Seven arrested while making Triumph the Insult Comic Dog segment at U.S. Capitol

The people working for ‘Late Show With Stephen Colbert’ were charged with unlawful entry.

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Robert Smigel operates the Triumph the Insult Comic Dog puppet in the hallways outside the Jan. 6 committee hearings Thursday at the U.S. Capitol.

Chip Somodevilla/Getty Images

WASHINGTON — Seven people working in a comedy segment starring Triumph the Insult Comic Dog were arrested Thursday night at a congressional office building on the U.S. Capitol grounds and charged with unlawful entry.

The people identified themselves as being affiliated with CBS’ “Late Show with Stephen Colbert,” a person familiar with the matter told The Associated Press.

Another person familiar with the matter provided the AP with a list of nine people who had been stopped by Capitol Police. They included several producers, along with Robert Smigel, the former Chicago comedian who operates and voices Triumph the Insult Comic Dog.

The two people who spoke with the AP could not discuss details of the investigation publicly and spoke on condition of anonymity.

The incident Thursday night followed the third public hearing by the House panel investigating the Jan. 6, 2021, Capitol insurrection.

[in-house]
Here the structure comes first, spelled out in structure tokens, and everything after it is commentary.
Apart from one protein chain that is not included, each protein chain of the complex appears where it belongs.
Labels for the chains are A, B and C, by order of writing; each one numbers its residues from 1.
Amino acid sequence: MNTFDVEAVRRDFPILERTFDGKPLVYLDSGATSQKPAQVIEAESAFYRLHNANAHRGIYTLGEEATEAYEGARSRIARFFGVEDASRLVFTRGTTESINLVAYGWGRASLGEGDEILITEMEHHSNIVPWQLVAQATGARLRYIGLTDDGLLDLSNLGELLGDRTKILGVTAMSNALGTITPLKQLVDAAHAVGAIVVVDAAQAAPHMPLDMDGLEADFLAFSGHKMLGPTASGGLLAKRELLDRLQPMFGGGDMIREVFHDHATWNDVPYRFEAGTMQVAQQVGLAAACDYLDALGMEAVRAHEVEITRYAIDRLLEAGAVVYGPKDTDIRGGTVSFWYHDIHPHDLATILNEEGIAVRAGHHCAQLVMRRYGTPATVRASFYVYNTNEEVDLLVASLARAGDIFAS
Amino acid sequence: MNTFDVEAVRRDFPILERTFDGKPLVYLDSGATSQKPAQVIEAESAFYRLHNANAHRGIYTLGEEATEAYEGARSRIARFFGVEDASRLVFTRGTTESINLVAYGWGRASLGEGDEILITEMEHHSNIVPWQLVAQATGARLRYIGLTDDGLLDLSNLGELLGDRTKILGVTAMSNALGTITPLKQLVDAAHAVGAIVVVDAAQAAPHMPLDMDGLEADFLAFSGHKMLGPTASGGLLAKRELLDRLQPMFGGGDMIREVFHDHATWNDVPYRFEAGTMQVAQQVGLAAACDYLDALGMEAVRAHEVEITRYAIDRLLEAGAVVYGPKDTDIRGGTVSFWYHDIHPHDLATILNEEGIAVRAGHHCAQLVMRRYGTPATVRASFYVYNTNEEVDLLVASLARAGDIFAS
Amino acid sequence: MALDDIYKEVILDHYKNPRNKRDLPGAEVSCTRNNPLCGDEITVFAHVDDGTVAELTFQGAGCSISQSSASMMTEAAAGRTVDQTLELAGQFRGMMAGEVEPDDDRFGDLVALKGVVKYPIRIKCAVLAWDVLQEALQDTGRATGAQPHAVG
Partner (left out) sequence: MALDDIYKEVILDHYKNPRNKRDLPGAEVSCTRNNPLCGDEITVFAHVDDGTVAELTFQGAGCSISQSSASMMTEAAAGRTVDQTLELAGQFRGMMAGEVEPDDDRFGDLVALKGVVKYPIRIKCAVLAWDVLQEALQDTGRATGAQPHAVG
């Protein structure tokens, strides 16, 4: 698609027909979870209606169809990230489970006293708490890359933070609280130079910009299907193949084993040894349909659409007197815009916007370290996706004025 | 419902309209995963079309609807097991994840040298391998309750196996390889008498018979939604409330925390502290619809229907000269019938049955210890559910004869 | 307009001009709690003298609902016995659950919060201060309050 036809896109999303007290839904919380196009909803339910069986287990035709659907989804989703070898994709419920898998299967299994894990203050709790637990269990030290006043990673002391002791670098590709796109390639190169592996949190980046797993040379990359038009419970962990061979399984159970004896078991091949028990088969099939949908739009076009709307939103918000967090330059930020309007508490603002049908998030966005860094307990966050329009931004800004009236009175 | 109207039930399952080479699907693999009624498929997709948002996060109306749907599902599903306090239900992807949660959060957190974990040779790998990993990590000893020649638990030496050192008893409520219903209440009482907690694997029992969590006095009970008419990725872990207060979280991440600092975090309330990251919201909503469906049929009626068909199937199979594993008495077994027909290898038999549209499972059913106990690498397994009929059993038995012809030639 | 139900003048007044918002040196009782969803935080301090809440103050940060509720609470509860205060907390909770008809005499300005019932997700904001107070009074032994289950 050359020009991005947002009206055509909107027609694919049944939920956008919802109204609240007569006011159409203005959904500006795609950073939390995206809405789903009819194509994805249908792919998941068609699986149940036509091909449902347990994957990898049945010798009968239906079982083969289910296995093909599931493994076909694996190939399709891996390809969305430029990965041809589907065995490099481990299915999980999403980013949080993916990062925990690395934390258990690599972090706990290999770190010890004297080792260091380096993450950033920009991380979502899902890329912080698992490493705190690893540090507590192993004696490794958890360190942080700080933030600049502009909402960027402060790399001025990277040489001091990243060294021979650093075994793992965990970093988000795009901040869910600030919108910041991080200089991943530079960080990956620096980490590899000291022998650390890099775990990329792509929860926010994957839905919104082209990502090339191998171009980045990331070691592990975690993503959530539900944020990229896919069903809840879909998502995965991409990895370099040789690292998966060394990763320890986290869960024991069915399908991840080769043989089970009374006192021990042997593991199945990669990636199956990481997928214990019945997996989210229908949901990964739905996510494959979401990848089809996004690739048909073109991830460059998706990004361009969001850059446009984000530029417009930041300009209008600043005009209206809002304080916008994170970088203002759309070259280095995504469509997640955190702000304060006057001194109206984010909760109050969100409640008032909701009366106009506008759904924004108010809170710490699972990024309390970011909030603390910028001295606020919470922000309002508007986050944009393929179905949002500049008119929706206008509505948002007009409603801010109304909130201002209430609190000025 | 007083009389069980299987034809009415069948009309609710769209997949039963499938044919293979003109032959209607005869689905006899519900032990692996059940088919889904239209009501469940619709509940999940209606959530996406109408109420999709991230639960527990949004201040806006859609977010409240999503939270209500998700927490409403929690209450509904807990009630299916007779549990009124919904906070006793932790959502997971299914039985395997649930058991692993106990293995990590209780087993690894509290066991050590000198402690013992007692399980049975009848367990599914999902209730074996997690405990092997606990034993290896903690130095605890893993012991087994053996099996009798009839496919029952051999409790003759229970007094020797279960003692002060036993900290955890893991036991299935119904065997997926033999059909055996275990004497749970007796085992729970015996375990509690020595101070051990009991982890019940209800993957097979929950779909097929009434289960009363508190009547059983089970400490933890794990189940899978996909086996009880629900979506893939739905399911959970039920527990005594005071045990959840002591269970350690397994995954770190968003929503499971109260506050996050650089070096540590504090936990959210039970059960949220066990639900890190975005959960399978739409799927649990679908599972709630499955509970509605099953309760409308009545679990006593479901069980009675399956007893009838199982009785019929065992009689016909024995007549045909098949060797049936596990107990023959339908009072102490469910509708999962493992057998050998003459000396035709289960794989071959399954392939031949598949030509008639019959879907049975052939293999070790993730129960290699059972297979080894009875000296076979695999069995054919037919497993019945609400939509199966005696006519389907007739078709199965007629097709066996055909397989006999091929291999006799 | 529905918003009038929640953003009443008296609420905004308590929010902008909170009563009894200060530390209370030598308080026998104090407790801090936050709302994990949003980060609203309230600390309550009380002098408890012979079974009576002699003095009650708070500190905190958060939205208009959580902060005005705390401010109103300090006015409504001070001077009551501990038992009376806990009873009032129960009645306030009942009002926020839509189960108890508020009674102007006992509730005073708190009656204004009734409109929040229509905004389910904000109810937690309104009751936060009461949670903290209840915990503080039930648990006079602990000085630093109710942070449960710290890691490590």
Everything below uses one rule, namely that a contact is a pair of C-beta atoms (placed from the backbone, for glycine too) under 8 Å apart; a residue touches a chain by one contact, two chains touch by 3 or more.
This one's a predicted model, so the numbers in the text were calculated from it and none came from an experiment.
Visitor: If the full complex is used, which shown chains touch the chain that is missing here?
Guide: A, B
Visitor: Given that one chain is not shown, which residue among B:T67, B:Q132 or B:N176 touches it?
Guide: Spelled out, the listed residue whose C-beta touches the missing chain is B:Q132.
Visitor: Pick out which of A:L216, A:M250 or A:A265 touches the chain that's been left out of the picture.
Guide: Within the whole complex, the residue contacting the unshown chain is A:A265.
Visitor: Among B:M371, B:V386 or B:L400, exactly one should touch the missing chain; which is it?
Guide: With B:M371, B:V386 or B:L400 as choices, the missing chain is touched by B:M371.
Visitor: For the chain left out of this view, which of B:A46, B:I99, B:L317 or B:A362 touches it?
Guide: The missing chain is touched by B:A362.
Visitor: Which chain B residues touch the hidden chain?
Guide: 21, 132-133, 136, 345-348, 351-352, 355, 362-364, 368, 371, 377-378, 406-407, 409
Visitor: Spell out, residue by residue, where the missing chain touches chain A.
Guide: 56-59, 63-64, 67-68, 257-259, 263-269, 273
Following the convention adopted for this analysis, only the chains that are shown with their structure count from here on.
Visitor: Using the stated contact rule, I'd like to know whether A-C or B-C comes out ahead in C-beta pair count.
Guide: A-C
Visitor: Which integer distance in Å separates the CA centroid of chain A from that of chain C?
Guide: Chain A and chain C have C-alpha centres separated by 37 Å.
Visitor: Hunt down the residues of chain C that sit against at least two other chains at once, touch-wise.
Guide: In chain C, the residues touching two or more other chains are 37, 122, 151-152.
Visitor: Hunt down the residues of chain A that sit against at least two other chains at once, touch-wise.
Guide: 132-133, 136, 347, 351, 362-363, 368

U.S. Capitol Police said Friday they received a call about a disturbance in the Longworth House Office Building around 8:30 p.m. “Responding officers observed seven individuals, unescorted and without Congressional ID, in a sixth-floor hallway,” the agency said in a statement. “The building was closed to visitors, and these individuals were determined to be a part of a group that had been directed by the USCP to leave the building earlier in the day.”

In a statement to The Hollywood Reporter, CBS said the production team was at the Capitol Wednesday and Thursday to record a comedy segment featuring Triumph.

“Their interviews at the Capitol were authorized and pre-arranged through Congressional aides of the members interviewed,” the network said. “After leaving the members’ offices on their last interview of the day, the production team stayed to film stand-ups and other final comedy elements in the halls when they were detained by Capitol Police.”

The USCP statement said the case remains “an active criminal investigation, and may result in additional criminal charges.” Capitol Police, departing from standard practice, refused to provide the names of the people who were arrested.

Smigel, a New York native, studied at Chicago’s Players Workshop and performed with the local sketch group All You Can Eat in the early ’80s. He went on to write for “Saturday Night Live” and “Late Night With Conan O’Brien,” and continues to be a frequent Chicago visitor.

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